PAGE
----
IDEAS home Printed from
   My bibliography  Save this paper

Baby Boom, Asset Market Meltdown and Liquidity Trap


  • Junning Cai

    (University of Hawaii at Manoa)


A so-called “asset market meltdown hypothesis” predicts that baby boomers’ large savings will drive asset market booms that will eventually collapse because of the boomers’ large retirement dissavings. As good news to baby boomers, our analysis shows that this meltdown hypothesis is fundamentally flawed; and baby-boom-driven asset market booms may not necessarily collapse. However, bad news is that, in the case where meltdowns are about to happen, forward-looking baby boomers’ attempts to escape them will be futile and may lead the economy into a “liquidity trap”. (JEL E21, E22, E44, G12)

Suggested Citation

  • Junning Cai, 2004. "Baby Boom, Asset Market Meltdown and Liquidity Trap," Macroeconomics 0401002, EconWPA.
  • Handle: RePEc:wpa:wuwpma:0401002 Note: Type of Document - PDF; prepared on Win2000; pages: 37; figures: 3

    Download full text from publisher

    File URL:
    Download Restriction: no

    References listed on IDEAS

    1. Abel, Andrew B. & Eberly, Janice C., 1997. "An exact solution for the investment and value of a firm facing uncertainty, adjustment costs, and irreversibility," Journal of Economic Dynamics and Control, Elsevier, vol. 21(4-5), pages 831-852, May.
    2. Andrew B. Abel, 2003. "The Effects of a Baby Boom on Stock Prices and Capital Accumulation in the Presence of Social Security," Econometrica, Econometric Society, vol. 71(2), pages 551-578, March.
    3. Robin Brooks, 2000. "What Will Happen To Financial Markets When The Baby Boomers Retire?," Computing in Economics and Finance 2000 92, Society for Computational Economics.
    4. Feldstein, Martin & Horioka, Charles, 1980. "Domestic Saving and International Capital Flows," Economic Journal, Royal Economic Society, vol. 90(358), pages 314-329, June.
    5. Robin Brooks, 2000. "What Will Happen to Financial Markets When the Baby Boomers Retire?," IMF Working Papers 00/18, International Monetary Fund.
    6. James M. Poterba, 2001. "Demographic Structure And Asset Returns," The Review of Economics and Statistics, MIT Press, vol. 83(4), pages 565-584, November.
    7. Andrew B. Abel, 2001. "Will Bequests Attenuate The Predicted Meltdown In Stock Prices When Baby Boomers Retire?," The Review of Economics and Statistics, MIT Press, vol. 83(4), pages 589-595, November.
    8. Kyung-Mook Lim & David N. Weil, 2003. "The Baby Boom and the Stock Market Boom," Scandinavian Journal of Economics, Wiley Blackwell, vol. 105(3), pages 359-378, September.
    9. Andrew B. Abel & Janice C. Eberly, "undated". "An Exact Solution for the Investment and Market Value of a Firm Facing Uncertainty, Adjustment Costs, and Irreversibility," Rodney L. White Center for Financial Research Working Papers 12-93, Wharton School Rodney L. White Center for Financial Research.
    Full references (including those not matched with items on IDEAS)


    Citations are extracted by the CitEc Project, subscribe to its RSS feed for this item.

    Cited by:

    1. Rene Weber & David S. Gerber, 2007. "Aging, Asset Allocation, and Costs; Evidence for the Pension Fund Industry in Switzerland," IMF Working Papers 07/29, International Monetary Fund.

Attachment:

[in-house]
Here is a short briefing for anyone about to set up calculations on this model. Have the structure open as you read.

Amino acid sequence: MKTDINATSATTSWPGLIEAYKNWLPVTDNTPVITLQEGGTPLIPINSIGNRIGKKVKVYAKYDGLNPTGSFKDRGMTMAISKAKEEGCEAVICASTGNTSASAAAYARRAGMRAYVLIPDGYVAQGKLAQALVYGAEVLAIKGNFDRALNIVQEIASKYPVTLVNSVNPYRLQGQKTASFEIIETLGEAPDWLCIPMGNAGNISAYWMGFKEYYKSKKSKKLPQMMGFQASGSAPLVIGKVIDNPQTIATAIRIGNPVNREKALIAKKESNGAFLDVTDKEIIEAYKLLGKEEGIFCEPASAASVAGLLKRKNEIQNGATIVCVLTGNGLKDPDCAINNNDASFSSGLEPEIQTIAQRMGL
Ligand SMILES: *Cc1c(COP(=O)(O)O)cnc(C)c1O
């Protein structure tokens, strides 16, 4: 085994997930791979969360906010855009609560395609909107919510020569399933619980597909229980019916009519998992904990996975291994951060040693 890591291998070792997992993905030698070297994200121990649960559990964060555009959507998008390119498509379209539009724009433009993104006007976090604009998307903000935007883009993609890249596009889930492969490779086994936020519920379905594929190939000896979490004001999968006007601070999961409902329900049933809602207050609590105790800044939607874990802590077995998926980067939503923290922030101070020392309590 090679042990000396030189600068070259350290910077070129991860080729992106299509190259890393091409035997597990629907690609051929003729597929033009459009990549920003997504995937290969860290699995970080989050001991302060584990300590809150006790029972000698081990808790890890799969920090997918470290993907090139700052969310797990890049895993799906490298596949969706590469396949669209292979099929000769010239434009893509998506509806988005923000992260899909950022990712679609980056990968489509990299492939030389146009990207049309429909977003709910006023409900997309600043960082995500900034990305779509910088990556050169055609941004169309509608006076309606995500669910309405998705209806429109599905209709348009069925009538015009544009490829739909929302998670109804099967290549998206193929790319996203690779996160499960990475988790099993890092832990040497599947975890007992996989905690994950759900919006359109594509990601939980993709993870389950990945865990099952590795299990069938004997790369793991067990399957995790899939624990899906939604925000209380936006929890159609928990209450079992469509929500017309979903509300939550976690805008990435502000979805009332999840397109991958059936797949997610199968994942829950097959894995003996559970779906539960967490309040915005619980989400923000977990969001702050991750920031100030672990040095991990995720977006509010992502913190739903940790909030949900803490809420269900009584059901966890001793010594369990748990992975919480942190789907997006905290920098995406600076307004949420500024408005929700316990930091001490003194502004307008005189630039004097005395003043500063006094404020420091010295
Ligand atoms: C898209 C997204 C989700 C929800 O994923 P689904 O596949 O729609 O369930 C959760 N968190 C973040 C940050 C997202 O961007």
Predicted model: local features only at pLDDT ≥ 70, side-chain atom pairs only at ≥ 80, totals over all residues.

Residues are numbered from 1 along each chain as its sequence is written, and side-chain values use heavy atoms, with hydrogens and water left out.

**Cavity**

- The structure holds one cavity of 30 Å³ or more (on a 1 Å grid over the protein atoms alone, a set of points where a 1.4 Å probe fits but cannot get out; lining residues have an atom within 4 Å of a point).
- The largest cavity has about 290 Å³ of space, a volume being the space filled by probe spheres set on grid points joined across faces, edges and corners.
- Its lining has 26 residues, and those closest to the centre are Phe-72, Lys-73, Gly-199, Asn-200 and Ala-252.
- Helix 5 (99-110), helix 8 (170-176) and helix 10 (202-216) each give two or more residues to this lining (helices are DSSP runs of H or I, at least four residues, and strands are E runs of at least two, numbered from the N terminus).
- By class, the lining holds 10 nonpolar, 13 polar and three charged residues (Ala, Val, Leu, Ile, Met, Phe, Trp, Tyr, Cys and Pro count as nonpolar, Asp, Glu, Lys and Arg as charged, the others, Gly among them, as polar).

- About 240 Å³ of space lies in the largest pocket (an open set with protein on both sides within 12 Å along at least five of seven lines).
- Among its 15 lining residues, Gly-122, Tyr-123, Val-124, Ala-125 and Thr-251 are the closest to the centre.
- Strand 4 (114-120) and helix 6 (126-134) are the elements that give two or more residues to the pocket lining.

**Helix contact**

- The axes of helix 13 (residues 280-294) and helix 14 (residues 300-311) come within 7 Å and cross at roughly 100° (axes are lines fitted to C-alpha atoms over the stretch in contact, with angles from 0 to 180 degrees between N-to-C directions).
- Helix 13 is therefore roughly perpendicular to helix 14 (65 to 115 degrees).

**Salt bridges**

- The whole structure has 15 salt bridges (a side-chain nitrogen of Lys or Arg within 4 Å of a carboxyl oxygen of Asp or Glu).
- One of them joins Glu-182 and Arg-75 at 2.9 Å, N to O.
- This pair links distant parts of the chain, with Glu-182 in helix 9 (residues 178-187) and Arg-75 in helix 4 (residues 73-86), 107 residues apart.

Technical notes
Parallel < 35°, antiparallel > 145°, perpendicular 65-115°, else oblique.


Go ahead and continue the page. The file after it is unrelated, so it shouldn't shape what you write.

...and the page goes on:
More about this item


    baby boom; asset market meltdown; liquidity trap; investment elasticity;

    JEL classification:

    • E21 - Macroeconomics and Monetary Economics - - Consumption, Saving, Production, Employment, and Investment - - - Consumption; Saving; Wealth
    • E22 - Macroeconomics and Monetary Economics - - Consumption, Saving, Production, Employment, and Investment - - - Investment; Capital; Intangible Capital; Capacity
    • E44 - Macroeconomics and Monetary Economics - - Money and Interest Rates - - - Financial Markets and the Macroeconomy
    • G12 - Financial Economics - - General Financial Markets - - - Asset Pricing; Trading Volume; Bond Interest Rates

    NEP fields

    This paper has been announced in the following NEP Reports:


    Access and download statistics


    All material on this site has been provided by the respective publishers and authors. You can help correct errors and omissions. When requesting a correction, please mention this item's handle: RePEc:wpa:wuwpma:0401002. See general information about how to correct material in RePEc.

    For technical questions regarding this item, or to correct its authors, title, abstract, bibliographic or download information, contact: (EconWPA). General contact details of provider: .

    If you have authored this item and are not yet registered with RePEc, we encourage you to do it here. This allows to link your profile to this item. It also allows you to accept potential citations to this item that we are uncertain about.

    If CitEc recognized a reference but did not link an item in RePEc to it, you can help with this form .

    If you know of missing items citing this one, you can help us creating those links by adding the relevant references in the same way as above, for each refering item. If you are a registered author of this item, you may also want to check the "citations" tab in your RePEc Author Service profile, as there may be some citations waiting for confirmation.

    Please note that corrections may take a couple of weeks to filter through the various RePEc services.

    IDEAS is a RePEc service hosted by the Research Division of the Federal Reserve Bank of St. Louis . RePEc uses bibliographic data supplied by the respective publishers.